Economically, it’s plateaued. When we started, it was trending upward and people were excited about the prospects of making and selling e-books, and also scared, because the field was growing at such a rate that there was a sense that e-books would make paper books extinct. That was certainly the case in 2010, 2011, but now in 2016, we know that the e-book isn’t going to make paper books extinct. Paper books are alive and well, they’re not going away, and the e-book market, insofar as I understand it, never really had that exponential rise people expected. People are not as afraid of e-books, and they’re accepted, and I think that’s interesting. We have made an effort to publish more paper books, because we realize it helps our e-book sales. I perversely think of our paper books as advertising for our e-books. Not all of our books are both e-books and paper books, but a majority of them are both. The more experimental ones tend to be just e-books or limited editions.
My impression of e-books back in the early days was that they would basically be paper books that were digitized. But Badlands has worked quite successfully to challenge what a book is in an electronic context—like How to Download a Boyfriend (2012), for example, which looks to me like an exhibition in a digital environment—to the point at which I begin to wonder if book is even the right word for what I’m seeing when I look at your e-books.
We consider them books. In a way, in a very real way, a book isn’t a book unless it’s read and distributed. For me, in addition to that quality of attention I was talking about, there’s also the question of the book’s ability to be distributed. There’s nothing sadder than a book sitting in a warehouse. It should be in a bookstore, or on someone’s bookshelf. If it’s not circulating, it’s not a book. Its socialization is built into the form. So because it’s in an e-book distribution system, it’s a book.
So far, more traditional publishers seem to have been putting out e-books that look like paper books—they’re not trying to explore what else a book might be, how it might otherwise function, how it might be used and read and shared, what it might ask of the reader.
That’s because they don’t have a historical understanding of their place. I think the history of publishing tells you that you need to pay attention to all those aspects of reading, of use. I read a great book a while ago, The Book in the Renaissance (2010) by Andrew Pettegree, and it’s incredible because it tells you about the history of the business of publishing. It’s amazing to learn how books moved over time, seeing the relevance of font makers, the relationship of printing centers in Europe to rivers and religious centers, to see what worked, what sold, what people actually read and remembered. I mean, talk about relational aesthetics and social practice! There’s nothing more interesting than the social practice of publishing since Gutenberg, and Pettegree gave me perspective on the e-book stuff, because when Gutenberg first premiered his press, people were completely pissed. They didn’t trust him because they said people could make books by hand with more finesse and fewer errors than the press. Their fears about the printed book were the same fears people had about e-books. It’s strikingly similar.
Which of your books has had the best commercial response?
Duchamp, hands down.
Which in some ways is pretty conventional.
Totally, but it hit the sweet spot of publishing for a younger readership, introducing them to something that’s already out there, accessible, iconic, but also twisted. I think it’s a beautiful book.
Where do you sell most of your books?
Printed books go through D.A.P., and the e-books go through Apple and Amazon.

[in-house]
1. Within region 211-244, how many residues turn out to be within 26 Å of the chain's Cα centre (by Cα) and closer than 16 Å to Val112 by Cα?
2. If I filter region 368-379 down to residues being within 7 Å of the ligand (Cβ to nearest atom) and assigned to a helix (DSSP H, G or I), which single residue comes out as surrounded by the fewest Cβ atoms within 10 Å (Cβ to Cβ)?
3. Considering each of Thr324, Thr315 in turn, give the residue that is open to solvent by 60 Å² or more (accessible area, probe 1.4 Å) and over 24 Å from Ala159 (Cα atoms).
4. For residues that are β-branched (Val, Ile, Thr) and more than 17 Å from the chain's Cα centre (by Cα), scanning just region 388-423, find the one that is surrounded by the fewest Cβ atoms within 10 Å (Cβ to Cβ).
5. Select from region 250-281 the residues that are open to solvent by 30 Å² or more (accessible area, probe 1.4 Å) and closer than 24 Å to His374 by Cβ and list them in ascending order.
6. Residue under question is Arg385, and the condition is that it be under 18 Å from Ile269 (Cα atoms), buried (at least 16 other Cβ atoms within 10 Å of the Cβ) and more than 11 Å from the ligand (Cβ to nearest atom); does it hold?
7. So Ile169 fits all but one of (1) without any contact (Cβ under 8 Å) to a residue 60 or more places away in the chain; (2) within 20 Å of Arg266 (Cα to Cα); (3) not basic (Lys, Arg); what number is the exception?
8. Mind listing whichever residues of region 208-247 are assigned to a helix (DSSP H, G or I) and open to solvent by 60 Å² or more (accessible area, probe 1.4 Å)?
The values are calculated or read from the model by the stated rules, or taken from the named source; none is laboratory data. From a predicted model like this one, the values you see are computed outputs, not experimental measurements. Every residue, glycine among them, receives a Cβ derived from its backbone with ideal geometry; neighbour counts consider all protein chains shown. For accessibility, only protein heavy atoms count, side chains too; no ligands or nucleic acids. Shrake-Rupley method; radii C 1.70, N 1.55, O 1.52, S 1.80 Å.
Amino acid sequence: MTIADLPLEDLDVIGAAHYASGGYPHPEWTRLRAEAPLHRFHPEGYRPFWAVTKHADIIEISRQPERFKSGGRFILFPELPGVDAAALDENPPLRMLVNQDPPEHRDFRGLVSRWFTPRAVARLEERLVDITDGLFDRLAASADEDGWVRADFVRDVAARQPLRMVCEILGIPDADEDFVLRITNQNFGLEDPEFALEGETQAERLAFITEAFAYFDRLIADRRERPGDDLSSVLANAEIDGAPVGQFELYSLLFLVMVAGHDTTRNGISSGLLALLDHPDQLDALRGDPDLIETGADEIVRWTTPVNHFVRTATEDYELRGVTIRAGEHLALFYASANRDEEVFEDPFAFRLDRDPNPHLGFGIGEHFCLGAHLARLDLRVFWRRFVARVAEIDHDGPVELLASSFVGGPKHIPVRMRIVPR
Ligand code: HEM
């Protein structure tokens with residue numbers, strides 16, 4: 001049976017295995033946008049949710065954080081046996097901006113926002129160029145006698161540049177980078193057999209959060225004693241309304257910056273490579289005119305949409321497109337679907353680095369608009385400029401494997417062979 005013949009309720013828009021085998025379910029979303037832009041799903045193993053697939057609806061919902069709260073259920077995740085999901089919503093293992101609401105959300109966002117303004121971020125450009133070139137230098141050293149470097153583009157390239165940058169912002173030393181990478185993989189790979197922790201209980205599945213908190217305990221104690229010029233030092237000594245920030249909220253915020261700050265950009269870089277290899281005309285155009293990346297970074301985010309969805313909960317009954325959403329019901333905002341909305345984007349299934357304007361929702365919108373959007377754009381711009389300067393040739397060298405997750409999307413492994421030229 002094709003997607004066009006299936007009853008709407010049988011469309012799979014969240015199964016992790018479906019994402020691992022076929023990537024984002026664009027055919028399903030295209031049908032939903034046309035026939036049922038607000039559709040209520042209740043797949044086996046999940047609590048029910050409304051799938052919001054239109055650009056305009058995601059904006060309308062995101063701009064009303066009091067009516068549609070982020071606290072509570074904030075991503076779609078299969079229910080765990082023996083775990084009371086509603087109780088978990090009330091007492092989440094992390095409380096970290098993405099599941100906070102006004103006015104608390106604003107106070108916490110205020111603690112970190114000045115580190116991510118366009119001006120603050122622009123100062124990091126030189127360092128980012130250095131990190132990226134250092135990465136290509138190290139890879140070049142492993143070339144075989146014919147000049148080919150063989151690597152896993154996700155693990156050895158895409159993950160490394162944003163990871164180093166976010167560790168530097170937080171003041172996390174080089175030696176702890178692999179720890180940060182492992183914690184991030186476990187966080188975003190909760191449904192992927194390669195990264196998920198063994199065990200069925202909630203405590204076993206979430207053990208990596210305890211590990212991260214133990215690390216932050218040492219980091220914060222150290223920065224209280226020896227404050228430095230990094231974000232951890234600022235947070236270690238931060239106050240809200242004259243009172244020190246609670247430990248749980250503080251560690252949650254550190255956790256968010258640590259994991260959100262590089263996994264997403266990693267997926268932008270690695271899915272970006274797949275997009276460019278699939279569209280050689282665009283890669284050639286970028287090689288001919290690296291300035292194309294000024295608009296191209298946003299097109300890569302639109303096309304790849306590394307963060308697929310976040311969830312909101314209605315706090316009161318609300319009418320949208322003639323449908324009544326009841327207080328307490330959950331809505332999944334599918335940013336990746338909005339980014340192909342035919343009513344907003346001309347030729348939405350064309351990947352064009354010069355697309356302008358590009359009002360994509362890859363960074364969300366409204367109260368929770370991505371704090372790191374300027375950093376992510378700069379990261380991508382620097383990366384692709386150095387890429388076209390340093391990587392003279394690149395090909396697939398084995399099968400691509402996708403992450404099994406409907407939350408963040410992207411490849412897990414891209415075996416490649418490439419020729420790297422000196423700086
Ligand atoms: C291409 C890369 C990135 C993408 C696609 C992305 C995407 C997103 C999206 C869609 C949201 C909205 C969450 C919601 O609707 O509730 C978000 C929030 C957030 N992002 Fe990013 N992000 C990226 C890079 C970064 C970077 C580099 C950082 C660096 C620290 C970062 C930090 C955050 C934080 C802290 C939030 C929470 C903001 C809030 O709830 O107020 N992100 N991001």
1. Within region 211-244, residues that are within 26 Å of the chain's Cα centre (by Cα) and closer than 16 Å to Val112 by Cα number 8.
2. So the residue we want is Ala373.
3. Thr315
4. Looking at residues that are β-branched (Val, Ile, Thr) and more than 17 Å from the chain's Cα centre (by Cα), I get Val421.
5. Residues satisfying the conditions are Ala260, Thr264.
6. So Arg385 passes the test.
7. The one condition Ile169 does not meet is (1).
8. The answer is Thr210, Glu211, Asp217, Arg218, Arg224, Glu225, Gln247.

Where does D.A.P. place the books?
Depends on the book buyers—we have to do a bit of a dance to get them to talk to the book buyers at big places like Barnes & Noble. We call bookshops ourselves. It’s drudgery, but it’s part of the business. The challenge is to be cunning enough to survive whatever changes come.
Has working as a publisher reinvigorated your interest in making books yourself?
It’s more the case that it has given me more leverage with institutions wanting to make books and exhibitions with me. One of the other models for Badlands was the independent hip-hop labels in the 1990s. I’ve talked about this before, about how I grew up with rap, just like everyone else, and realized rappers were starting record labels. I thought it was a vanity thing—they just wanted to be the boss—but I realized later on that it was a critical economic decision. They wanted to own their own publishing, the rights to their own songs, because up until then they didn’t. So in a way, Badlands is my way of starting my own label so that I can control my own publishing. Like the Schaulager book. It’s a once-in-a-lifetime opportunity, but part of the deal was if they were going to do a book, we were going to copublish it. I wanted a say in all aspects of the production and distribution. And to their credit, they trusted a no-good amateur publisher like me to copublish it. So I had a say not only in terms of what was written about me, how the images were going to look, but also the distribution strategy, the number of copies, where they go. Those are all aspects of publishing that we need to pay attention to so that the books we make don’t sit in a warehouse.
I know so many artists who are so proud of their book, and it just sits in a warehouse or some museum storage room. You know what I mean? Artists of every caliber I’ve talked to have had that experience. That’s not to say that the museums don’t care about the books; it may simply be that they don’t have the wherewithal or resources to treat them in the way we as artists would want them to be treated. By starting a press, I provide a platform for artists and writers and protect them in the way I’d like to be protected from well-meaning institutions that may not have the resources or the mindfulness. Because I don’t know who doesn’t want a book. Some artists don’t want to show, some don’t want to sell work, some don’t want their works written about, and that’s fine. But I don’t know anybody who doesn’t want a book about them. And so if that’s true, then the question is how that book is going to come about, and if it’s going to live the kind of life it ought to. That is, if you believe that there is a social life to a book, and if it is going to be a real book and not some weirdo artist’s edition—which is cool too, I’ve made those, but that’s not my ambition. I didn’t grow up making artist’s books, I grew up as a reader of books that I stole from libraries or airport bookstores.